A Fond Goodbye To Donna Summer

May 17, 2012

A lot of people looked down their noses at the Queen of Disco because, well, because she sang disco. But they secretly dug Donna anyway. You could tell.

Great tunes. Great beat. And a great voice for it. The seventies wouldn’t have been “The Seventies” without Donna Summer. (Alright, add a sprinkle of Barry Gibb, and let’s call it a decade.)

The last dance sucks but it can also soar.
RIP, Donna. Your voice became an emblem. And high art or low, that takes a great artist.

[A Side Note On Snobbery]

After writing this post as it appears above, it became apparent that those who “looked down their noses” at Donna Summer obviously included many of the high and mighty in the music business. Having lived through the Zeitgeist of that time, I can sum up the attitude for you: Disco is trivial. It’s shallow, formulaic dance-fad stuff – a kind of musical soft-core porn lacking in redeeming social value. Disco was seen as music so commercial in nature it was almost dirty. If you liked it, and you probably did, it was a guilty pleasure you kept to yourself.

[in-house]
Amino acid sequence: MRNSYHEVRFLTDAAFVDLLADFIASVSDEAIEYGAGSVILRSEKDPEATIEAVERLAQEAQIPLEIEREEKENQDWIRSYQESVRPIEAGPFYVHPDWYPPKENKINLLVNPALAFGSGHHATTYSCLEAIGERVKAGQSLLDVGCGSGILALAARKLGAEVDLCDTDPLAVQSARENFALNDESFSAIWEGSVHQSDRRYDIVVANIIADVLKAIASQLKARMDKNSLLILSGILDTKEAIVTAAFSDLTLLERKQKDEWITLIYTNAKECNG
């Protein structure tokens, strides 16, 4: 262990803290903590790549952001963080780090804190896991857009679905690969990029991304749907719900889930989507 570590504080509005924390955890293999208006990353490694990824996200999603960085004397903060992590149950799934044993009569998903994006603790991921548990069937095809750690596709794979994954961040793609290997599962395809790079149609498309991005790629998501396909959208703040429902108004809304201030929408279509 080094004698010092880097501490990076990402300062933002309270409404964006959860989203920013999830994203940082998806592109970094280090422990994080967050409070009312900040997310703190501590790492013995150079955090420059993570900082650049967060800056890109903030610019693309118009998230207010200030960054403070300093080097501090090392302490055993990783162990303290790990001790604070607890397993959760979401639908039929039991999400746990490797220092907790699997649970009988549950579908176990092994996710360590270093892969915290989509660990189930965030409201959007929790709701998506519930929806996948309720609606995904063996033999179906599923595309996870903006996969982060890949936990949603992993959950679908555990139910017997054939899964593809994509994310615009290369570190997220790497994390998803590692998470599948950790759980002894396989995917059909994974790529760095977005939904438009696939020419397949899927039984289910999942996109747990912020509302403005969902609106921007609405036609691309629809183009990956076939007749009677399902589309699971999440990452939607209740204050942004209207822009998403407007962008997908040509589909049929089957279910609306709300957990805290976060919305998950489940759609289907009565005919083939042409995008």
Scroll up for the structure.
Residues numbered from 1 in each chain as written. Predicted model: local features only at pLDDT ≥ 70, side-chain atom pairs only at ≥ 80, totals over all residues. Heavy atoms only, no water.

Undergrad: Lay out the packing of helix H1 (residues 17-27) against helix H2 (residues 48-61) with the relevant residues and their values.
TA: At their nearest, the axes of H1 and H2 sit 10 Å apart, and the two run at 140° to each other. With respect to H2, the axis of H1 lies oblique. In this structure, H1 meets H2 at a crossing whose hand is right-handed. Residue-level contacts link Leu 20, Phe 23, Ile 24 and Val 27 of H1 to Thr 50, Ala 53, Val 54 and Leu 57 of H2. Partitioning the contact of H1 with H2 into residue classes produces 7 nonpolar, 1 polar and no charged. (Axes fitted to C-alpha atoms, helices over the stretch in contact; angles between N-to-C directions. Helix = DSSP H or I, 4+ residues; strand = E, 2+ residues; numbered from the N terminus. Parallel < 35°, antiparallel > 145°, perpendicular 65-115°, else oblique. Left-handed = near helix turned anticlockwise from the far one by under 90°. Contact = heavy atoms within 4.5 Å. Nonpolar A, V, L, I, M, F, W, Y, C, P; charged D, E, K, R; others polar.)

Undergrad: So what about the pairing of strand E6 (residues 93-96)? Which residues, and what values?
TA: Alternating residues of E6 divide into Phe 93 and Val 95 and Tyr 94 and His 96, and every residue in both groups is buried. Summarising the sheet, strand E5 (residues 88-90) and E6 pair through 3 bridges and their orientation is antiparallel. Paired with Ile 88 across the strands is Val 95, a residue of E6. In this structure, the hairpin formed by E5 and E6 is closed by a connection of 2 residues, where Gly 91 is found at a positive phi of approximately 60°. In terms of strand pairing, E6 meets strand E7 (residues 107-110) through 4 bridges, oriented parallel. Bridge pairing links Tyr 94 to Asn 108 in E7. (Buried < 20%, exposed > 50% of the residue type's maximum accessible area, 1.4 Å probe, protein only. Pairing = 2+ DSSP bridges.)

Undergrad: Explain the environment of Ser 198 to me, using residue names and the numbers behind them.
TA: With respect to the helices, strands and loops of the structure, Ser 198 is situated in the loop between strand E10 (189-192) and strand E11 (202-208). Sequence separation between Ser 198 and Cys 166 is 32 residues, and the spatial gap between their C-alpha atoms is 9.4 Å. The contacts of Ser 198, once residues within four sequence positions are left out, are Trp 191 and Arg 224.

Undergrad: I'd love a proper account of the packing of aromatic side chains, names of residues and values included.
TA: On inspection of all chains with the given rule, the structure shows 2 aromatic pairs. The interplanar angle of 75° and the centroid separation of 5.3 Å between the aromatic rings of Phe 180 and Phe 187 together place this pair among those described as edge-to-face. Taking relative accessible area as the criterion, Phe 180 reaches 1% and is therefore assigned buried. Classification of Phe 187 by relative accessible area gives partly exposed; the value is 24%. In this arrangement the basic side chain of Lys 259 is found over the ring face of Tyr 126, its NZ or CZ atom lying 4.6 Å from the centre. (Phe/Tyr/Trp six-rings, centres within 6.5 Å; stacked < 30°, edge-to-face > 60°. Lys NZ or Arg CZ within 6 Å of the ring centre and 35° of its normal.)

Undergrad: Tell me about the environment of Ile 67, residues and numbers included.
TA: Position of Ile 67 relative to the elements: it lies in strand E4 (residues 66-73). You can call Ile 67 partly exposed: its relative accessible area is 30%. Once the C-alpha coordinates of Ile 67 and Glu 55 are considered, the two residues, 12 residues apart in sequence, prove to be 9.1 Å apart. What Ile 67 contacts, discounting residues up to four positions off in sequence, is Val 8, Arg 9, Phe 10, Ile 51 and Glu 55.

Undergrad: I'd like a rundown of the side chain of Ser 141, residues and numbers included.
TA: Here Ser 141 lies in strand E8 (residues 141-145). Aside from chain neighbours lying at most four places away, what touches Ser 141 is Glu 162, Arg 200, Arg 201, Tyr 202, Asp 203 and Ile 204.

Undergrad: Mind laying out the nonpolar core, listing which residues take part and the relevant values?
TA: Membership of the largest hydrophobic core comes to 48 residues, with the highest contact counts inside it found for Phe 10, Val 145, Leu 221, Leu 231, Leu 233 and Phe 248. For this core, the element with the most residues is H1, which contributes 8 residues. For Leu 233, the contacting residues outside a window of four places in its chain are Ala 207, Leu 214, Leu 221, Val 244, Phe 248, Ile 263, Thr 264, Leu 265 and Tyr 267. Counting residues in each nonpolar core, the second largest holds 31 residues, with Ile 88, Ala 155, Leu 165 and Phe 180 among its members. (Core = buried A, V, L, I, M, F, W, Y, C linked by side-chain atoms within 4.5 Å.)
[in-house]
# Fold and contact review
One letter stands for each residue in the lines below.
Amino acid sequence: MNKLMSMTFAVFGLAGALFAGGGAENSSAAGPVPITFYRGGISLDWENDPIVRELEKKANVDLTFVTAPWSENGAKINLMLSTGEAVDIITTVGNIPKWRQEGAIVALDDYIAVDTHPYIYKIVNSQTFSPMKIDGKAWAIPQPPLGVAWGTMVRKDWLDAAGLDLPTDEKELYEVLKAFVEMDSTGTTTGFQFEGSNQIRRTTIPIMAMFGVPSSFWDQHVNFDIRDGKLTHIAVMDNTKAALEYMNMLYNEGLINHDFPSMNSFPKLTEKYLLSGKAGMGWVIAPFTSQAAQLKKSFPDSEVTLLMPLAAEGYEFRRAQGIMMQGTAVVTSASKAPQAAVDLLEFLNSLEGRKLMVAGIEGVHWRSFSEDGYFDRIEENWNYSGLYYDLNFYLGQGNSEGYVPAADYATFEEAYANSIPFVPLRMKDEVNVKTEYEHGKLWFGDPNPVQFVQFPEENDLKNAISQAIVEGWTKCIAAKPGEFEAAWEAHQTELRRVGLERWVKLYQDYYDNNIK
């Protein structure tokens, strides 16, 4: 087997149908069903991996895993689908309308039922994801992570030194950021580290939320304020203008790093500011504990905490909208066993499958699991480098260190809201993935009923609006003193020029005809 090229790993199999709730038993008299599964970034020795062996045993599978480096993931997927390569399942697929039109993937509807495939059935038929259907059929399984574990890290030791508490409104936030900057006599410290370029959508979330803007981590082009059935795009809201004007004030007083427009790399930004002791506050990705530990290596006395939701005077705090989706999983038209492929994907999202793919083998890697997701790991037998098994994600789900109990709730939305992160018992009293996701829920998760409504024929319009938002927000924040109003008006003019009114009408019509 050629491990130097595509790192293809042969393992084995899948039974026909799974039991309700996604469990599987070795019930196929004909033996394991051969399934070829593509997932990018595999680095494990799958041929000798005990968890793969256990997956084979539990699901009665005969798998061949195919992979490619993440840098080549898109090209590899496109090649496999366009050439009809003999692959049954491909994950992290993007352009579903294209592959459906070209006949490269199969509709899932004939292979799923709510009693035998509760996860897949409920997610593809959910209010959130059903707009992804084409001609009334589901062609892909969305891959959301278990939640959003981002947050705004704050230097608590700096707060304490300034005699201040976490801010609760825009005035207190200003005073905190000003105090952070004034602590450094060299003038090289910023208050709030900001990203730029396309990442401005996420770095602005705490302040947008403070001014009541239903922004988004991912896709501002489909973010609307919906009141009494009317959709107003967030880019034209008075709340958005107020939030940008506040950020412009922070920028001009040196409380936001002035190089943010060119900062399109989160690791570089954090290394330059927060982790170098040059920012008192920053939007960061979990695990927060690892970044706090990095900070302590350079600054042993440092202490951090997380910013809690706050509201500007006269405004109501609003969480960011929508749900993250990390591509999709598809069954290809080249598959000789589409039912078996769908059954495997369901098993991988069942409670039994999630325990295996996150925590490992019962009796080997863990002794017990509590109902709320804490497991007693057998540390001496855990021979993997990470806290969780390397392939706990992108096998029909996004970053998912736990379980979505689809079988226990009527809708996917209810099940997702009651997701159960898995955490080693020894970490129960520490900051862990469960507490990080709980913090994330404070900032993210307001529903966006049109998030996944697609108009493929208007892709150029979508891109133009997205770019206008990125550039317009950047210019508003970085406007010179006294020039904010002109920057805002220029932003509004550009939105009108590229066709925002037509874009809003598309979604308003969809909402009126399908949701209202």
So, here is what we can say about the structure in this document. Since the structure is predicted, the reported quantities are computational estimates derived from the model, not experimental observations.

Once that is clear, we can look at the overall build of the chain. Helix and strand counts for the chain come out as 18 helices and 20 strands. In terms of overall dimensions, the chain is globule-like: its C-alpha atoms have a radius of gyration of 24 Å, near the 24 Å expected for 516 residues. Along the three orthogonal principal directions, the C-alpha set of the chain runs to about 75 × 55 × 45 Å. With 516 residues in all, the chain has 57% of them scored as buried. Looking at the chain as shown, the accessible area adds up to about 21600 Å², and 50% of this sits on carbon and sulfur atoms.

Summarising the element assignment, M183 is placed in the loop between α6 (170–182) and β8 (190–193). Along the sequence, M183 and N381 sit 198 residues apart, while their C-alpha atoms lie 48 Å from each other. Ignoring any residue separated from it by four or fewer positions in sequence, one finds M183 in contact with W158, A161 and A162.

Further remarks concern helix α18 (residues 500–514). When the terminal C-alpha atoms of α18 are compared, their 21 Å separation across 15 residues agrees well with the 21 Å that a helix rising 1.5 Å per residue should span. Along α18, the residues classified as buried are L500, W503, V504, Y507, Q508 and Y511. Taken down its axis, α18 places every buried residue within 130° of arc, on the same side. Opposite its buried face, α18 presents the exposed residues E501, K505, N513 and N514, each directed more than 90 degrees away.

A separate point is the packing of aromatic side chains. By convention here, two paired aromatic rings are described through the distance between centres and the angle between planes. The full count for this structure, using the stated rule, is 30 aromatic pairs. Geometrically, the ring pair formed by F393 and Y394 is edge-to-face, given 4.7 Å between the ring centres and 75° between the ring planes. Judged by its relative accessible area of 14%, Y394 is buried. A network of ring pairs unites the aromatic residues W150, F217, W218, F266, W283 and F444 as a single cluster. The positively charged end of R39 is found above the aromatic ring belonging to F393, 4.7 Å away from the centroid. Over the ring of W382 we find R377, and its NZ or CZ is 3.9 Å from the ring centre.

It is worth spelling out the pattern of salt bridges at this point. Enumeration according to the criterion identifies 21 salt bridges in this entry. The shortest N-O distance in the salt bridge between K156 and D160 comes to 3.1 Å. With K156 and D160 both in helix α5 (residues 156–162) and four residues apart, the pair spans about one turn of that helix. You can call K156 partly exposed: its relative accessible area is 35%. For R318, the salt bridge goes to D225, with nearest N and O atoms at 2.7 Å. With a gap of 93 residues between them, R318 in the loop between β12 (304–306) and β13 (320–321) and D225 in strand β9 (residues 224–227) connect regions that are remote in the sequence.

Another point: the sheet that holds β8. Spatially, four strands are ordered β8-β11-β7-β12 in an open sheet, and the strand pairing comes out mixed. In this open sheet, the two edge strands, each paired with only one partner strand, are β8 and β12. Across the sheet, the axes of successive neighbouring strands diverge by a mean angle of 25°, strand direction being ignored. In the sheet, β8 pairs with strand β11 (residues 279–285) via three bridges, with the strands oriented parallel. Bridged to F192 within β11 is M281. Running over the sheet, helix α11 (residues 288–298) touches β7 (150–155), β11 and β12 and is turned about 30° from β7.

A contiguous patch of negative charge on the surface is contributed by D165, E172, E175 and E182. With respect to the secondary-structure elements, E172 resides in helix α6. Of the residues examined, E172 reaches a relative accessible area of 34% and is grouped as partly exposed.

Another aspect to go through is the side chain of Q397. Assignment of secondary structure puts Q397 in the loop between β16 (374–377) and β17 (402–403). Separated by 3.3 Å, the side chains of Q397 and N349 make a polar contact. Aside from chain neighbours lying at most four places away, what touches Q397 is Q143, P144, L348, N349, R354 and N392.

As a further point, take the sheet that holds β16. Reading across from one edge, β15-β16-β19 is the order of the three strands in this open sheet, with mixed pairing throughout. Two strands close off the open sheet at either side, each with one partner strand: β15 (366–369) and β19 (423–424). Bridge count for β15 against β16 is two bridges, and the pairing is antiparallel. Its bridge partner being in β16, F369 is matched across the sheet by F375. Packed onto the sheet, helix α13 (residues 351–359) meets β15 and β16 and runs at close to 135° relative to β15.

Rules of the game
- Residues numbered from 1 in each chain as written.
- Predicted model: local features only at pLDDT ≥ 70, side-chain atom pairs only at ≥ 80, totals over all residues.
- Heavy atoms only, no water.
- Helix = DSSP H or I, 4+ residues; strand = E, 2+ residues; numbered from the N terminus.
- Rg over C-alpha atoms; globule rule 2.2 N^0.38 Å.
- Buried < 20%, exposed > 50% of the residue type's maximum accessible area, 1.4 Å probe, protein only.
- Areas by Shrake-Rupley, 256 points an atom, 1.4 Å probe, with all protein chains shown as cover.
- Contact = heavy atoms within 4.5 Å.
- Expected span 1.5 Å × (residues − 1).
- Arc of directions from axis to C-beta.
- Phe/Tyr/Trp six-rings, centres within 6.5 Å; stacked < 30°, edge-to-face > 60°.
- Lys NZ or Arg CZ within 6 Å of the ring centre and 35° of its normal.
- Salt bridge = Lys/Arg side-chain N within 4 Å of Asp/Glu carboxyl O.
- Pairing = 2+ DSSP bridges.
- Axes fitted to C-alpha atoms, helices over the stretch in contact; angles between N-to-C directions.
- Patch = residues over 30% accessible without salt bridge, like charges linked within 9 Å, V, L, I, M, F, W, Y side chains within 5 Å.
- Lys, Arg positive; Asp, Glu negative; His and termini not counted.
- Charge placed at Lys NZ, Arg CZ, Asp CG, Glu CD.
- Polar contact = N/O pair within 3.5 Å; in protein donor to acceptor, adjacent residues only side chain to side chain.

And it looks like those attitudes lived on. As was reported by Jon Pareles in the NYTimes:

Jon Landau, the chairman of the Rock and Roll Hall of Fame, issued a statement — an unusual one in which he said it was unfortunate that the hall had never inducted her:
“There is absolutely no doubt that the extraordinary Donna Summer belongs in the Rock and Roll Hall of Fame,” Mr. Landau wrote. “Regrettably, despite being nominated on a number of occasions, our voting group has failed to recognize her — an error I can only hope is finally and permanently rectified next year.”

Harrumph. Damn right. And, by the way, yes you could dance, heck, you wanted to dance, to Donna Summer’s records but the songs also had substance. They said things. You can’t sell as many records as Donna Summer sold with nothing but fluff.

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